POSTTRAUMATIC STRESS DISORDER IN BATTERED WOMEN
This research examines for evidence of a relationship between Post-Traumatic Stress Disorder (PTSD) and battering where battering is defined by Coffman and Fallon (1989) as a patter of physical abuse (assaults, threats, or restraints) used by one person (usually the male) to control another. Specifically, the research consists of a paper which examines the connection between PTSD and the Battered Woman Syndrome (BWS). It includes historical research on both PTSD and BSW and is complimented with a review of on-the-job clinical experience with a group of battered women.
The first chapter of the research presents a description of the basic nature of the study. Chapter two reviews the rationale for the study and its benefits to the field of psychology. Chapter three defines and outlines both disorders, outlines the theoretical background on each and reviews the similarities and differences between them.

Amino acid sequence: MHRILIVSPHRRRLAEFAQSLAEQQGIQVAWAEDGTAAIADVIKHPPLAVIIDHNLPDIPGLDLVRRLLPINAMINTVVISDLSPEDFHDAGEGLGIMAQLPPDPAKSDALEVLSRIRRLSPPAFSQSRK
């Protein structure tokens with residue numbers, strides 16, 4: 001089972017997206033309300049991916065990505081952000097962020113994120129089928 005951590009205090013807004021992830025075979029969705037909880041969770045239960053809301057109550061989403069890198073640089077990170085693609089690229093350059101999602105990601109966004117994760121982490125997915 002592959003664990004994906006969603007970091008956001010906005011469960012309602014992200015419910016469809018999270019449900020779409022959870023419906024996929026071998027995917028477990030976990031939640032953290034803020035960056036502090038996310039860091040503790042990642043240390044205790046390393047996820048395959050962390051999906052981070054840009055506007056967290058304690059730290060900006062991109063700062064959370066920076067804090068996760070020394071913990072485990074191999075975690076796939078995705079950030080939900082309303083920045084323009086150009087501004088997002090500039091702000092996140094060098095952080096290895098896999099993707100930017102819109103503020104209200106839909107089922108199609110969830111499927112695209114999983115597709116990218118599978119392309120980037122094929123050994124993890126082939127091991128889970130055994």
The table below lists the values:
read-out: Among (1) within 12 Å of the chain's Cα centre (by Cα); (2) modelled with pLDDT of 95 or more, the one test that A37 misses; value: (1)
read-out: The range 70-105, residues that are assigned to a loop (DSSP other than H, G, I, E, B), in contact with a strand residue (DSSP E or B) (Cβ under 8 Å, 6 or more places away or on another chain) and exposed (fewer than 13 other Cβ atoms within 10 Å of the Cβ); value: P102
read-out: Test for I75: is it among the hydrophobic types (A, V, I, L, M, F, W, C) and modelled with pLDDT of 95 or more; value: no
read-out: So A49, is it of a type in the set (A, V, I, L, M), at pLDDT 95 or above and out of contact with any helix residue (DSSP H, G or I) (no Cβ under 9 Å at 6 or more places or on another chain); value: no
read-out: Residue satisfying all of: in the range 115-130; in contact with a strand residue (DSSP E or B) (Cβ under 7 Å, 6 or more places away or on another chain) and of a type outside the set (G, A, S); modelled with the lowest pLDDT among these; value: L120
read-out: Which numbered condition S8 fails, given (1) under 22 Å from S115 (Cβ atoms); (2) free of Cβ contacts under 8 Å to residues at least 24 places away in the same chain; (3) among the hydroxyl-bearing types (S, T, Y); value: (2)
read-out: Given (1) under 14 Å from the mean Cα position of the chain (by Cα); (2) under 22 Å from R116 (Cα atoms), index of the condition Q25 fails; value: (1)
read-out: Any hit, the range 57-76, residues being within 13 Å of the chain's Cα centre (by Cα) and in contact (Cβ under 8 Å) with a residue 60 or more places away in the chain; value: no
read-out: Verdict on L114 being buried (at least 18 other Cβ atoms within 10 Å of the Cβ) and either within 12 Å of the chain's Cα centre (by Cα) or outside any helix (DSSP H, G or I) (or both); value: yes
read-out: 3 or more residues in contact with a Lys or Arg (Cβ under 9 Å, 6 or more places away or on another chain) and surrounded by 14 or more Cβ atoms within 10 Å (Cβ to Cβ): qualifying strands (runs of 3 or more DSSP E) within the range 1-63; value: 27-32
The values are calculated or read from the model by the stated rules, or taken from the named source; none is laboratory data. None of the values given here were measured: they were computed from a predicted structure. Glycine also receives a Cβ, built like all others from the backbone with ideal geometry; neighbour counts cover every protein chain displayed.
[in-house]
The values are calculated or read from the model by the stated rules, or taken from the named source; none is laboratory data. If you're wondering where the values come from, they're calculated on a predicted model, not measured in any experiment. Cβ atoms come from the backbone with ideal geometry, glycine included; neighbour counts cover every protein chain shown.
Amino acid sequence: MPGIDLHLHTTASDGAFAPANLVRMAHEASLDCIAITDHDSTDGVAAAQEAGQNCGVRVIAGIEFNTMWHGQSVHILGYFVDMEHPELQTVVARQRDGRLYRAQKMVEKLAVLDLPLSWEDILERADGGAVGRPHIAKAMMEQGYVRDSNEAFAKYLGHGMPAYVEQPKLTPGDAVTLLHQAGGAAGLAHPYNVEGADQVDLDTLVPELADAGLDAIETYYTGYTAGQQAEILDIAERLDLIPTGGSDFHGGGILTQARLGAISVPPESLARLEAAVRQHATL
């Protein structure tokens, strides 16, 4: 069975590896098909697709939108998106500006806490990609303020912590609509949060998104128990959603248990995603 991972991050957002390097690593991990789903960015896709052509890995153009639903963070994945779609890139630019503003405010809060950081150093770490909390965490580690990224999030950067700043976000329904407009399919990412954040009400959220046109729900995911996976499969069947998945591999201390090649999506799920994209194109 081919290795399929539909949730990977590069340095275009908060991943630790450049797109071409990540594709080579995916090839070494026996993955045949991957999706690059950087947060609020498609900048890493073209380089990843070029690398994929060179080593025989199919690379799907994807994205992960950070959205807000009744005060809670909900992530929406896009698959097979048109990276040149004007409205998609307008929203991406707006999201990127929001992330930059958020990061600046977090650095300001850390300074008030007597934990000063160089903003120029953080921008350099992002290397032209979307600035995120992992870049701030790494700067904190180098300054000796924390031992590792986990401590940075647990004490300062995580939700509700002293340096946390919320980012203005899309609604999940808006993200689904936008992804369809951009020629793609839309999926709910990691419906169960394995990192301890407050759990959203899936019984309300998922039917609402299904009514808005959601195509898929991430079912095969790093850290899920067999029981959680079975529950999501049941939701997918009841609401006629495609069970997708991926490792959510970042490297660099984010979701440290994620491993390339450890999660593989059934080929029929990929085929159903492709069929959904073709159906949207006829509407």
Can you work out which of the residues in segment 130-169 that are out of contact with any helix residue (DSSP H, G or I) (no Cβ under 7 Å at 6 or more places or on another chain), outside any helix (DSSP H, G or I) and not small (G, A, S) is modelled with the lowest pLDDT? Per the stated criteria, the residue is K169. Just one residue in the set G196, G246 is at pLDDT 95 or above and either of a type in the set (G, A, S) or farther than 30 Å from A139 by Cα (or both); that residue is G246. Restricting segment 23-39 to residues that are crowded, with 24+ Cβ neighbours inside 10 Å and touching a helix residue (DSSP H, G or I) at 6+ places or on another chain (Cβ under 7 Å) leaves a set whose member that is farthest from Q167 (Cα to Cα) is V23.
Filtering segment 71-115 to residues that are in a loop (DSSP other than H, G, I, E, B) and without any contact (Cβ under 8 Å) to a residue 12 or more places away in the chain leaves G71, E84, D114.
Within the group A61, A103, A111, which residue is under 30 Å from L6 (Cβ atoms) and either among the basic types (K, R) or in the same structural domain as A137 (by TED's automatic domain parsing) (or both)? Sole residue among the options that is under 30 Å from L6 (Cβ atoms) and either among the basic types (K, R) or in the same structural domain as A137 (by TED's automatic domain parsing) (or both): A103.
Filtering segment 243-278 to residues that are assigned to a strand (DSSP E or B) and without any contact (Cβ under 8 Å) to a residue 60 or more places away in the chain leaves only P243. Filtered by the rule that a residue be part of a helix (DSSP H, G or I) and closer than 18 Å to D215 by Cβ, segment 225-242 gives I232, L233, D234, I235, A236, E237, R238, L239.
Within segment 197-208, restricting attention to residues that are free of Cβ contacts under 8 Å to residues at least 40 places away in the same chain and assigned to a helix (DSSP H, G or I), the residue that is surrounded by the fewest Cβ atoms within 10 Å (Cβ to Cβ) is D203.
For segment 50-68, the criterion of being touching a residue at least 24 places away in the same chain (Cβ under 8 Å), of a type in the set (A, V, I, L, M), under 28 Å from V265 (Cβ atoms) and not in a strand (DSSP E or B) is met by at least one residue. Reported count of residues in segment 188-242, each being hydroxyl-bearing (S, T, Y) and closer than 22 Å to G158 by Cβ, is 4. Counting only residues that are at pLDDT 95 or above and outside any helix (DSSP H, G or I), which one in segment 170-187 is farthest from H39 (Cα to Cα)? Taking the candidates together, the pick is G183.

Chapter four summarizes the conclusions that can be made on the basis of the reviewed research and then draws conclusions to the research question based on informal interview data collected from battered women. Ideas for future research are outlined.
Dworetzky (1985) reports that Post-Traumatic Stress Disorder (PTSD) can be considered an anxiety response to a severe trauma arising from exceptional or unexpected circumstances. In more precise clinical terms, the symptoms of Post-Traumatic Stress Disorder are listed by the American Psychiatric Association (1987) as follows:
Diagnostic Criteria For Post-Traumatic Stress Disorder
A. Existence of a recognizable stressor that would evoke significant symptoms of distress in almost everyone.
B. Reexperiencing of the trauma as evidenced by at least one of the following:
(1) recurrent and intrusive recollections of the event
(3) sudden acting or feeling as if the traumatic event were reoccurring because of an associati...